There are good reasons code needs to be rewritten, but excising old code comes with risks as well. Joel Spolsky said it most eloquently in Things You Should Never Do, Part I:

It’s important to remember that when you start from scratch there is absolutely no reason to believe that you are going to do a better job than you did the first time. First of all, you probably don’t even have the same programming team that worked on version one, so you don’t actually have “more experience”. You’re just going to make most of the old mistakes again, and introduce some new problems that weren’t in the original version.

The Warcraft engine had taken months of programming effort to get right, and while it needed rework for new gameplay features, a fresh programming team was now going to spend a great deal of time relearning lessons about how and why the engine was architected the way it was in the first place.

Game engine architecture

I wrote the original Warcraft engine for Microsoft DOS in C using the Watcom Compiler. With the switch to releasing on Microsoft Windows, Bob chose to use the Visual Studio compiler and re-architected the game engine in C++. Both were reasonable choices but for the fact that — at that point — few developers on the team had experience with the language and more especially with its many pitfalls.

Though C++ has strengths it is easy to misuse. As Bjarne Stroustrup, the language’s creator, so famously said: “C makes it easy to shoot yourself in the foot; C++ makes it harder, but when you do it blows your whole leg off.”

History tells us that programmers feel compelled to try every feature of their new language during the first project, and so it was with class inheritance in StarCraft. Experienced programmers will shudder when seeing the inheritance chain that was designed for the game’s units:

CUnit < CDoodad < CFlingy < CThingy

CThingy objects were sprites that could appear anywhere on the game map, but didn’t move or have behaviors, while CFlingys were used for creating particles; when an explosion occurred several of them would spin off in random directions. CDoodad — after 14 years I think this is the class name — was an uninstantiated class that nevertheless had important behaviors required for proper functioning of derived classes. And CUnit was layered on top of that. The behavior of units was scattered all throughout these various modules, and it required an understanding of each class to be able to accomplish anything.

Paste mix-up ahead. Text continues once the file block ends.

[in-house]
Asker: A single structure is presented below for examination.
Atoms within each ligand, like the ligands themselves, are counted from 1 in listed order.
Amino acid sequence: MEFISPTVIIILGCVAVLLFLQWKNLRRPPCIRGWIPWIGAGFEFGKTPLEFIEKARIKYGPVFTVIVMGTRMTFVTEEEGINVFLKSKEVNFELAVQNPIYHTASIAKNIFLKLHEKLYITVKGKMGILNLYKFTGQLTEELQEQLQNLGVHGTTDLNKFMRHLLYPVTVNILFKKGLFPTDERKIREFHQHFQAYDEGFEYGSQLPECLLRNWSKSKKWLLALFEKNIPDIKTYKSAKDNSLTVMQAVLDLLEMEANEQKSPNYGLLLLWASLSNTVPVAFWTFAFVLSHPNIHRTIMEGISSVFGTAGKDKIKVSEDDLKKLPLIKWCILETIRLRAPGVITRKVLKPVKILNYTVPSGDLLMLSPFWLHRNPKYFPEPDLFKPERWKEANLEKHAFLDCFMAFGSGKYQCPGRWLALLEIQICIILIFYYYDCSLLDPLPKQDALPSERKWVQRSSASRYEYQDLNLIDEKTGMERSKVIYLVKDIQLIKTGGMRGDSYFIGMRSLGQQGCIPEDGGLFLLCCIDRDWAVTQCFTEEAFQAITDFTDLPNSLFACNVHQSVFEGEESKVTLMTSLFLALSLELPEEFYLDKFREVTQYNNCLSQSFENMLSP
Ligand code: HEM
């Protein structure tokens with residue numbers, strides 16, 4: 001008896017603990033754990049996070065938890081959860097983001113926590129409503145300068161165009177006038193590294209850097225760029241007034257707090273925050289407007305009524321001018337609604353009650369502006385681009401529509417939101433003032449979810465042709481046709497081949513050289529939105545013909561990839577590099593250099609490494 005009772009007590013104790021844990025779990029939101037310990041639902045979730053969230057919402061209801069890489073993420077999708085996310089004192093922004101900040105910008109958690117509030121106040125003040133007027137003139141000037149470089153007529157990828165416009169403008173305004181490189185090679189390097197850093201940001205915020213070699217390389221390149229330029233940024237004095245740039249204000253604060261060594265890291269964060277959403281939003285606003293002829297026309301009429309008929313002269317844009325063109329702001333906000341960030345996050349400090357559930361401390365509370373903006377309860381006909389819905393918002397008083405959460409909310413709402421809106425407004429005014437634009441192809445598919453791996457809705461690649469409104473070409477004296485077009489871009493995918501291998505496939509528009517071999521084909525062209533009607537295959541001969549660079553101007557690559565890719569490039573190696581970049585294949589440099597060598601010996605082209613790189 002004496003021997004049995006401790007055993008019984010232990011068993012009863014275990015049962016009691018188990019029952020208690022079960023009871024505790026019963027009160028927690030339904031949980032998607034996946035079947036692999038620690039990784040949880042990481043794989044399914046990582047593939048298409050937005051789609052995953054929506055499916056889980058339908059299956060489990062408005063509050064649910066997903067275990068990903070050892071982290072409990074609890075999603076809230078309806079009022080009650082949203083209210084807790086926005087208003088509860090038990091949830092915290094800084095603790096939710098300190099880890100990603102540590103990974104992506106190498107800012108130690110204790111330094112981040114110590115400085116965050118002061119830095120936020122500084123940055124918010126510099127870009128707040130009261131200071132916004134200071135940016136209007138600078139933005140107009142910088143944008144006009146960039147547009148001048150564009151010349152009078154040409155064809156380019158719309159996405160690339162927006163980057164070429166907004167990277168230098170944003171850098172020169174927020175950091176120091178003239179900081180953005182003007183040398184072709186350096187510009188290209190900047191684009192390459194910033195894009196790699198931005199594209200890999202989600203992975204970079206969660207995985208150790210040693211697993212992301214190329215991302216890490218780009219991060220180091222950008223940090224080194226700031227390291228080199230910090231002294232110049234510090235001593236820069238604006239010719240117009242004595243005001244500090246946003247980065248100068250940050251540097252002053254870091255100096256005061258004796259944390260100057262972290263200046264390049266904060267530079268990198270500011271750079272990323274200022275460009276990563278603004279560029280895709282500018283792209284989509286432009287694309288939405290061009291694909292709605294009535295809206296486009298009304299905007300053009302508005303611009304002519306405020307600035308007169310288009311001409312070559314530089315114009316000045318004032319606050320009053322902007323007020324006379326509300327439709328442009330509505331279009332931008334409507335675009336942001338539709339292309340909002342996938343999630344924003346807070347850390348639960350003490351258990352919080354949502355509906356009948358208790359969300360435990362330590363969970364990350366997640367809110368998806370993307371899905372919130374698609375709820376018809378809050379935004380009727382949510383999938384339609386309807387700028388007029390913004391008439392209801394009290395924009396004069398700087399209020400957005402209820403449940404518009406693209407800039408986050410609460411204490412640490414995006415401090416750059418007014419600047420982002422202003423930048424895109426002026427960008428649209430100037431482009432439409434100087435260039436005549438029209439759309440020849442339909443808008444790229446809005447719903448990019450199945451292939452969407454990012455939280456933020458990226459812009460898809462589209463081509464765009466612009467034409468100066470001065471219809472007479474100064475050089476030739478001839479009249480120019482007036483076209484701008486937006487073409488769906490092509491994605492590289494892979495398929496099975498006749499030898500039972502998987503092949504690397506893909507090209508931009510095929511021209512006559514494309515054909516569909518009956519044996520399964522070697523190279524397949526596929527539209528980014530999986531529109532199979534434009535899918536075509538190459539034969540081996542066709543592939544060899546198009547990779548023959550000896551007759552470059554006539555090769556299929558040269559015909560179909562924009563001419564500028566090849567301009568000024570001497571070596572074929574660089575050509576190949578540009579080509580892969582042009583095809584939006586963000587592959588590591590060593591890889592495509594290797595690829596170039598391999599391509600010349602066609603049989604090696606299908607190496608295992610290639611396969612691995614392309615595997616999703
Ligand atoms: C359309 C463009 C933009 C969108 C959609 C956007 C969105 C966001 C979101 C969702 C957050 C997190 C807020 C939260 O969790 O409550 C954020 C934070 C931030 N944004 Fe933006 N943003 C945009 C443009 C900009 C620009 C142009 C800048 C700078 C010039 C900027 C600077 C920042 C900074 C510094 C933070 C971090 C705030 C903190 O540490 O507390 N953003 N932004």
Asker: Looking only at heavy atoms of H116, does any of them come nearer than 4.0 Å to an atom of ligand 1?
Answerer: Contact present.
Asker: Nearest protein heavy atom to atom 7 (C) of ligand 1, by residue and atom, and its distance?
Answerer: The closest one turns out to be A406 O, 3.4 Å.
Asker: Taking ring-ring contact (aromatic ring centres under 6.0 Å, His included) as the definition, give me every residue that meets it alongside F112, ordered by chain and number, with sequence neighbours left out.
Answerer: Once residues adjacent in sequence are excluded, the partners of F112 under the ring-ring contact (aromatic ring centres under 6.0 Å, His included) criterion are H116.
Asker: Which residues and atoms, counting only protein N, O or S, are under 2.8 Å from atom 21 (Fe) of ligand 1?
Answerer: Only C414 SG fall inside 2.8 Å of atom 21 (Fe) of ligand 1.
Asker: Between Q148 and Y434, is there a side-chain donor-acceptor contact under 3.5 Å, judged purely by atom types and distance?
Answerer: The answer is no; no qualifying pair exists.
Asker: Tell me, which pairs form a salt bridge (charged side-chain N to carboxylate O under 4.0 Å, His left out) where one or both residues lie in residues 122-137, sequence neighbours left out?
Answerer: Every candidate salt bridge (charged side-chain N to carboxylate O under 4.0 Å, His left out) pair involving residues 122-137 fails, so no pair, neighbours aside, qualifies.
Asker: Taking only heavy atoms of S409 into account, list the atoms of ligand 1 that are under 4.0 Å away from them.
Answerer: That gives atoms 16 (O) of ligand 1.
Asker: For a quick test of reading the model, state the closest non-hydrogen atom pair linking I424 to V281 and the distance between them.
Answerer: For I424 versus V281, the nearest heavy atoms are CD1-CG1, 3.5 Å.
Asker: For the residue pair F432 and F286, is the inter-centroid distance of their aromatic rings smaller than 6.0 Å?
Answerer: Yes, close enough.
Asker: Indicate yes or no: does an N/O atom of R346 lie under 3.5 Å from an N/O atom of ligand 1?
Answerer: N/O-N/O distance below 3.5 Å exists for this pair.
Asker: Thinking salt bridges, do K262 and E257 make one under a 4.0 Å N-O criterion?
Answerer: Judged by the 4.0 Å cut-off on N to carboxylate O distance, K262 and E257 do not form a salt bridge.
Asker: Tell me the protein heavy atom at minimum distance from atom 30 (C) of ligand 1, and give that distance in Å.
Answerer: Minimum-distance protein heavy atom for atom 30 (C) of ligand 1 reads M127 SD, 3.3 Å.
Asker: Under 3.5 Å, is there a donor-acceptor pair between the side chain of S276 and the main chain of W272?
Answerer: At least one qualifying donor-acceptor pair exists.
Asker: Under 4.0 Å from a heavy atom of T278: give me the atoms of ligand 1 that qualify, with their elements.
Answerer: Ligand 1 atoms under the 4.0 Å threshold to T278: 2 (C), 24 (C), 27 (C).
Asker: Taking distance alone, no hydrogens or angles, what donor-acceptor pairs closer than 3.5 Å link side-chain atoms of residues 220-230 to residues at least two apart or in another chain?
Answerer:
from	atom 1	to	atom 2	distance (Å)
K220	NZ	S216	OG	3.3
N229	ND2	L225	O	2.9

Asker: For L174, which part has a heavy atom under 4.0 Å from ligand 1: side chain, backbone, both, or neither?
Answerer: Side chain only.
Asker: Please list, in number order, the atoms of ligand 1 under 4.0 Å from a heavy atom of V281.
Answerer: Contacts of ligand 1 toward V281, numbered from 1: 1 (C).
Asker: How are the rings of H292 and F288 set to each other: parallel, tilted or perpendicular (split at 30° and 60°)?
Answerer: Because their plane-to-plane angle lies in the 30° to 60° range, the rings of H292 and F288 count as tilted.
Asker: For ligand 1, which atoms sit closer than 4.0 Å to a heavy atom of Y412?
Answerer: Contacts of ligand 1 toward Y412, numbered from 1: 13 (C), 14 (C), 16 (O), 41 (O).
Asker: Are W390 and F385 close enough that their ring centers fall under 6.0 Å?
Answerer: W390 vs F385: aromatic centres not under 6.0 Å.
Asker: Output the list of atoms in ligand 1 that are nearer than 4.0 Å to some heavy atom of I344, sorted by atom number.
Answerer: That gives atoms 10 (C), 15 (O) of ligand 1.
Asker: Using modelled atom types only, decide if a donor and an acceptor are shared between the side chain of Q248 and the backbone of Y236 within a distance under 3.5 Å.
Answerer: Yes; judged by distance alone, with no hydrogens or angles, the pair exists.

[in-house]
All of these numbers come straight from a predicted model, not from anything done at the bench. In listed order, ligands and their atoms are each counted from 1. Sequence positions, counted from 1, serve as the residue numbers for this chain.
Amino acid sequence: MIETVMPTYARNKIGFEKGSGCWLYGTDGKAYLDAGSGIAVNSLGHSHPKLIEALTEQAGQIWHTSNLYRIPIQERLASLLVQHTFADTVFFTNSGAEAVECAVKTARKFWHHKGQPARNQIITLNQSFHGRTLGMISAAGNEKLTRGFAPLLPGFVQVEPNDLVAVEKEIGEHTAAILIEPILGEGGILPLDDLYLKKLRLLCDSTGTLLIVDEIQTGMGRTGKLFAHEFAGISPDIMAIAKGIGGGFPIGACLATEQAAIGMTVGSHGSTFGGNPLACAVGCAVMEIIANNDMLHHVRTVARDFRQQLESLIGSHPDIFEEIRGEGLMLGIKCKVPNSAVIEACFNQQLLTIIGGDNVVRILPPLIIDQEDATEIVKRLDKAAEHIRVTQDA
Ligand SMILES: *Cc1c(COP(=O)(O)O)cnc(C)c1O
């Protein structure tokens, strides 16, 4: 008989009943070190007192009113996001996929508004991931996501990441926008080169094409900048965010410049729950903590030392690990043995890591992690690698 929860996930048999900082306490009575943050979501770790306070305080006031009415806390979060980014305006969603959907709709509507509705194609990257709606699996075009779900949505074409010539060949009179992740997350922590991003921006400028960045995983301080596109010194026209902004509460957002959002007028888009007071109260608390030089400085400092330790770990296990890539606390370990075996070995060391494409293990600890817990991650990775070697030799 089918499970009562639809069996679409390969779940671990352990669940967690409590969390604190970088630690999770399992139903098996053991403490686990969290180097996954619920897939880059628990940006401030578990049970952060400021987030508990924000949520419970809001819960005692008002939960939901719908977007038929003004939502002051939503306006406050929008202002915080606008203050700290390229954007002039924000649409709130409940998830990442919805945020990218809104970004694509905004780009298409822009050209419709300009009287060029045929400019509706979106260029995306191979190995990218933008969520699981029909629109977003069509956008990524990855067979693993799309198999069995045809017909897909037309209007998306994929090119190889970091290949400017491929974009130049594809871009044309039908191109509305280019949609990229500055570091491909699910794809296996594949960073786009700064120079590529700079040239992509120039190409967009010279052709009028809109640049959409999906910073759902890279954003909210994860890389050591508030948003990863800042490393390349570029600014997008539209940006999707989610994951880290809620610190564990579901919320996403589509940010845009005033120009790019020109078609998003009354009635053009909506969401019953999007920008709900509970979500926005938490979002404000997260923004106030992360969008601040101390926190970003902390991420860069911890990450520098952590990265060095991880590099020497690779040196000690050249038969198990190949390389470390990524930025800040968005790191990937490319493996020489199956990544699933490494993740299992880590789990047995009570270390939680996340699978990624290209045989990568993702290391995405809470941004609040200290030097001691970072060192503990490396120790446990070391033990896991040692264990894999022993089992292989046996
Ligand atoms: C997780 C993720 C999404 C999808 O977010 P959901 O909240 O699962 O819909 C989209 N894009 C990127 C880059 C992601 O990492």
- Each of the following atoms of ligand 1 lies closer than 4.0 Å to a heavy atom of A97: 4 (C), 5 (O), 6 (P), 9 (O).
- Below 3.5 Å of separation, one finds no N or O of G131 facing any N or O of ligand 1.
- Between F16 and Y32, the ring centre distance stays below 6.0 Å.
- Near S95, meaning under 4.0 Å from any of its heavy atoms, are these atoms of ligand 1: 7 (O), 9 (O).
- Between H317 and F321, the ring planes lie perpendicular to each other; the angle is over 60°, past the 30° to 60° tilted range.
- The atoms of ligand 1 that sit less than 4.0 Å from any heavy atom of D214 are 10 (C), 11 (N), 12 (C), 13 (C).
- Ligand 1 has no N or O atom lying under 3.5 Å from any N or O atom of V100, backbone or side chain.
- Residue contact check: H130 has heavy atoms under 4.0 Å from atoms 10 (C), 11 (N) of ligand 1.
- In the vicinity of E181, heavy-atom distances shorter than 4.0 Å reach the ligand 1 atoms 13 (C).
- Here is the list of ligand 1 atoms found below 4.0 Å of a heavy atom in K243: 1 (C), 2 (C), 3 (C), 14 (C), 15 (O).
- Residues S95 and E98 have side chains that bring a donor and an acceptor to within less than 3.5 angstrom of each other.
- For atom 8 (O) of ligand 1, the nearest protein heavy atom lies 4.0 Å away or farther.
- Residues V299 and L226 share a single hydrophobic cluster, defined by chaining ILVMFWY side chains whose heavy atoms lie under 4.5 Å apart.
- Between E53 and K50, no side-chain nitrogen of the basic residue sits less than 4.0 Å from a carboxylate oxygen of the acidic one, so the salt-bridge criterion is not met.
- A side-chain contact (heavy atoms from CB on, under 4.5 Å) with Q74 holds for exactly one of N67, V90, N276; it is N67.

And beyond the horror of the class hierarchy, the CUnit class itself was an unholy mess defined across multiple header files:

class CUnit ... {
    #include "header_1.h"
    #include "header_2.h"
    #include "header_3.h"
    #include "header_4.h"

Each of those headers was several hundred lines, leading to an overall class definition that could at best be called amusing.

It wasn’t until many years later that the mantra “favor composition over inheritance” gained credence among programmer-kind, but those who worked on StarCraft learned the hard way much earlier.

We’re only two months from launch

With its troubled early history, after the reboot the development team was pressured to finish up, and so schedules were bandied about that showed the game could be launched in two months.

Given the number of game units and behaviors that needed to be added, the changes necessary to switch from top-down to isometric artwork, a completely new map editor, and the addition of Internet play over, it was inconceivable that the game actually could ship in that time, even assuming that the art team, designers, sound engineers, game-balancers and testers could finish their end of the bargain. But the programming team continually worked towards shipping in only two months for the next fourteen months!